This opinion will be unpublished and

may not be cited except as provided by

Minn. Stat. § 480A.08, subd. 3 (2004).






State of Minnesota,





Gary Miller,



Filed May 30, 2006

Klaphake, Judge


Hennepin County District Court

File No. 91000459


Mike Hatch, Attorney General, 1800 Bremer Tower, 445 Minnesota Street, St. Paul, MN  55101-2134; and


Amy Klobuchar, Hennepin County Attorney, Linda M. Freyer, Assistant County Attorney, C-2000 Government Center, Minneapolis, MN  55487 (for respondent)


Gary Alan Miller, OID #100771, Minnesota Correctional Facility-Oak Park Heights, 5329 Osgood Avenue North, Stillwater, MN  55082 (pro se appellant)


            Considered and decided by Hudson, Presiding Judge, Klaphake, Judge, and Peterson, Judge.

U N P U B L I S H E D   O P I N I O N


            Appellant Gary Miller challenges the district court’s order denying his request to proceed in forma pauperis (IFP) under Minn. Stat. § 563.01, subd. 3 (2004).  Appellant petitioned for IFP status in order to obtain a transcript on which to base a second postconviction petition.  Because Minn. Stat. § 563.01 applies only to civil actions, the district court did not err by denying appellant’s motion.  We therefore affirm. 


            Appellant petitioned for IFP status under Minn. Stat. § 563.01, subd. 3 (2004), which is limited to civil actions.[1]  Id.  The district court denied appellant’s request as frivolous, using the statutory standards set forth in Minn. Stat. § 563.01.  Thus, although the district court correctly denied appellant’s motion, its reasons for doing so were incorrect.  We therefore affirm the district court’s denial of appellant’s request for IFP status under the statute, but base our decision on the inapplicability of Minn. Stat. § 563.01, subd. 3, to appellant’s request.

            As an indigent defendant, appellant is entitled to proceed IFP under Minn. R. Crim. P. 28.02, subd. 5, which governs IFP proceedings for both criminal appeals to this court and for postconviction proceedings.[2]  The rule sets forth the procedure that must be followed in order for a pro se indigent defendant to obtain transcripts free of cost; this procedure includes application to the office of the state public defender for review of appellant’s eligibility.  Minn. R. Crim. P. 28.02, subd. 5(6).  The rule does not, however, call for a determination of whether the postconviction petition is frivolous.  Thus, while we affirm the district court’s denial of appellant’s request for IFP status under the statute, appellant is free to proceed under the rule with an application to the state public defender’s office.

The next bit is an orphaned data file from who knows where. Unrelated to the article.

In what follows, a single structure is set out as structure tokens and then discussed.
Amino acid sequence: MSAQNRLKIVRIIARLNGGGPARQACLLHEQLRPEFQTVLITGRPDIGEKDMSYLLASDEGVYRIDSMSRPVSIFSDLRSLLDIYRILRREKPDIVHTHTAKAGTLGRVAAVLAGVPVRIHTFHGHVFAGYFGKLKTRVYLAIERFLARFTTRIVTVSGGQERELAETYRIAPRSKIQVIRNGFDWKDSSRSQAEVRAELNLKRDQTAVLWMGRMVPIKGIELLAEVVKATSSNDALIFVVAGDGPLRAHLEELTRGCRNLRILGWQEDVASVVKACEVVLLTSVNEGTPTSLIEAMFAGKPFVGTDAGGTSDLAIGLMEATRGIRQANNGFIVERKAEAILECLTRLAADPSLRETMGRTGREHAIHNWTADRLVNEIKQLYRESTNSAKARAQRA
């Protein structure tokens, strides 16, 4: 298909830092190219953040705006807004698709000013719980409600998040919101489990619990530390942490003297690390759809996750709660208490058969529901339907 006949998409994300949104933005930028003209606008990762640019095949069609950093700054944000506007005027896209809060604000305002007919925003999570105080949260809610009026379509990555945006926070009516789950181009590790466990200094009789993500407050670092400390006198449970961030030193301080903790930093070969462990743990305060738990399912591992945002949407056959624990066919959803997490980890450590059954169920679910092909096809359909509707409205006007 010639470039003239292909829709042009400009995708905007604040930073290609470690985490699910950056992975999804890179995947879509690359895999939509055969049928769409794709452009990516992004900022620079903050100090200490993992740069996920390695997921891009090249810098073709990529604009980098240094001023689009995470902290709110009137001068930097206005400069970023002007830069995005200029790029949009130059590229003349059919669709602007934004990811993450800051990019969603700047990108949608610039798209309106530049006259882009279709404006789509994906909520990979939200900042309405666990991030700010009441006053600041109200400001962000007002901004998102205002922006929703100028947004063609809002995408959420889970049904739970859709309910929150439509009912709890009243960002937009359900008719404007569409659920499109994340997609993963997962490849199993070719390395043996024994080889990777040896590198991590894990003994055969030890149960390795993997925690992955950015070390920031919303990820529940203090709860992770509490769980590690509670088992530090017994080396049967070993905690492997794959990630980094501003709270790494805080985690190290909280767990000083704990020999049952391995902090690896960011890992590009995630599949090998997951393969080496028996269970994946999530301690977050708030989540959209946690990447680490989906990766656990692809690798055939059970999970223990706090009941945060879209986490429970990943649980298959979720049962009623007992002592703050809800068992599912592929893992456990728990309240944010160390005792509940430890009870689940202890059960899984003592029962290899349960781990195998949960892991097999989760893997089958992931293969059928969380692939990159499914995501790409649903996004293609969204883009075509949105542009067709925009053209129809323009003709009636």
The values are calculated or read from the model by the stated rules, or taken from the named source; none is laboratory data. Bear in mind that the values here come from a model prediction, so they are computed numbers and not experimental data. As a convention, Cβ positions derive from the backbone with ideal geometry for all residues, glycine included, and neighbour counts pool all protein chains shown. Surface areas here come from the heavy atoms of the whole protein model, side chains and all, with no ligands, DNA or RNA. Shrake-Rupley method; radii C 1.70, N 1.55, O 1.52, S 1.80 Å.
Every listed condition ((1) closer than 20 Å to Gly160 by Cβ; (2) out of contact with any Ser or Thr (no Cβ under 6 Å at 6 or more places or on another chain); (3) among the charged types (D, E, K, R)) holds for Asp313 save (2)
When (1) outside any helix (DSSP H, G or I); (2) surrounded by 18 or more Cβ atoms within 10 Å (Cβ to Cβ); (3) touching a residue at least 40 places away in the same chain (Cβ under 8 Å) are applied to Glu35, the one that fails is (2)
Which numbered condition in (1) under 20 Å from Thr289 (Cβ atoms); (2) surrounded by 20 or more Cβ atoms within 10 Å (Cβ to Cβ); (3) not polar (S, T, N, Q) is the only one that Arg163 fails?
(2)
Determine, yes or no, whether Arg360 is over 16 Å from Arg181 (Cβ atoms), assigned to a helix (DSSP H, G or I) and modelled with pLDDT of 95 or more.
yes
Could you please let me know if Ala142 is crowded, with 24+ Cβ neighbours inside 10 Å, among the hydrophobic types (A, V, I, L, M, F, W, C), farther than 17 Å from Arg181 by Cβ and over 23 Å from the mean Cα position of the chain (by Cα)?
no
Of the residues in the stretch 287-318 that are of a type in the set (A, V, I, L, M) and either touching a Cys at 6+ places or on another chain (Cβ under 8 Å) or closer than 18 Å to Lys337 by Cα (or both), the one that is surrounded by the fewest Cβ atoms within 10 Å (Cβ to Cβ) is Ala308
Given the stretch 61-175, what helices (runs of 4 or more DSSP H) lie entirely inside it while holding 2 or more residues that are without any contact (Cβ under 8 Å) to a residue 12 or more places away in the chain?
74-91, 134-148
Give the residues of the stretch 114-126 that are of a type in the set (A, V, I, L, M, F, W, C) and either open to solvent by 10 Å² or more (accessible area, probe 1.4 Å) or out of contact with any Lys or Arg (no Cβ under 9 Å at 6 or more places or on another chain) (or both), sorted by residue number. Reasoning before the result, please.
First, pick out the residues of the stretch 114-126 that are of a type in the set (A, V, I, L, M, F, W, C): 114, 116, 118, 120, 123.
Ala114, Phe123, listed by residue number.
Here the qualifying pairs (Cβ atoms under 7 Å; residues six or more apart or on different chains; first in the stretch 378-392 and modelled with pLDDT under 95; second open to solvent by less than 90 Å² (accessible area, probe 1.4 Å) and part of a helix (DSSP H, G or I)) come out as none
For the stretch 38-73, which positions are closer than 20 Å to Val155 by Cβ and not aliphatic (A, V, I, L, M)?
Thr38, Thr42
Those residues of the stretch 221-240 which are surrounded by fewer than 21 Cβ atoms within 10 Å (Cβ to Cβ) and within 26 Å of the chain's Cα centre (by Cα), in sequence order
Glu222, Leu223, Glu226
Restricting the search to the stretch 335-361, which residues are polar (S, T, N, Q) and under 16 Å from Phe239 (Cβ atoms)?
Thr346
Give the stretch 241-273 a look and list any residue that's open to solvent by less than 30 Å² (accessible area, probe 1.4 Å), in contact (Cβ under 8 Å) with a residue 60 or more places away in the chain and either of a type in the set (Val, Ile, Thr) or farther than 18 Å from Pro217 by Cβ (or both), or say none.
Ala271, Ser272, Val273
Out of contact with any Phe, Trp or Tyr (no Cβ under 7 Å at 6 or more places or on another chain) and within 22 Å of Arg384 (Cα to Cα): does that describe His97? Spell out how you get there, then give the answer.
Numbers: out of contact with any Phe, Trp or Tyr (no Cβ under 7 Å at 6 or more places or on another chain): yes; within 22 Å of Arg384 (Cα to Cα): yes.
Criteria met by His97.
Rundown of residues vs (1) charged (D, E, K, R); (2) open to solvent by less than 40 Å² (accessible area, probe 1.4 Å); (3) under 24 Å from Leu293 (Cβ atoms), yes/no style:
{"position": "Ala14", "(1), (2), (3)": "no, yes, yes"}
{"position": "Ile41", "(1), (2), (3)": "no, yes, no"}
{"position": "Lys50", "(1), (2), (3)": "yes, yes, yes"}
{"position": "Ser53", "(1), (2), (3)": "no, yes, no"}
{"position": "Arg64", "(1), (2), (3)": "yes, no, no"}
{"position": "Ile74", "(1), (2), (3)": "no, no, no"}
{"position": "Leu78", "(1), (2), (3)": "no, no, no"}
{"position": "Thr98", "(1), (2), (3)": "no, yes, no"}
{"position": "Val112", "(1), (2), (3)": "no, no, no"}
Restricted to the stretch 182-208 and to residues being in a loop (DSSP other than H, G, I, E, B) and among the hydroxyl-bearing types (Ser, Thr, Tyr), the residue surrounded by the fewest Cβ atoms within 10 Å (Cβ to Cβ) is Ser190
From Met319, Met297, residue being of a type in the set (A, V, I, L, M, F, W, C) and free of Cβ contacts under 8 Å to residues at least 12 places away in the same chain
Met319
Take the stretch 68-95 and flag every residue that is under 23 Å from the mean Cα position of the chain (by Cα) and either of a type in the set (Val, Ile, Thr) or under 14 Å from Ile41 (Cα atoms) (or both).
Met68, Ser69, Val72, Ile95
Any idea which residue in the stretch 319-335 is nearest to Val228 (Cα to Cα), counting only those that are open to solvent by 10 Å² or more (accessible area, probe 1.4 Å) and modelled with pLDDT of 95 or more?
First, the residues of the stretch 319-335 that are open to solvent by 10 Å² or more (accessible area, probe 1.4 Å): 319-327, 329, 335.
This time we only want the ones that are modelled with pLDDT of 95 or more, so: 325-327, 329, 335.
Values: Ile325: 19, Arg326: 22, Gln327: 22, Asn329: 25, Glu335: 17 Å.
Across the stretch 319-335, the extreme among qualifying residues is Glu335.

[1] While a postconviction proceeding has both criminal and civil features, it is an action grounded in a criminal conviction and should be treated as a criminal proceeding.  See Minn. Stat. § 590.01, subd. 3 (2004); Minn. R. Crim. P. 28 cmt.

[2] We note that appellant may file a postconviction proceeding without payment of costs or fees.  Minn. Stat. § 590.02, subd. 2 (2004).  The IFP petition here relates only to appellant’s request for a transcript.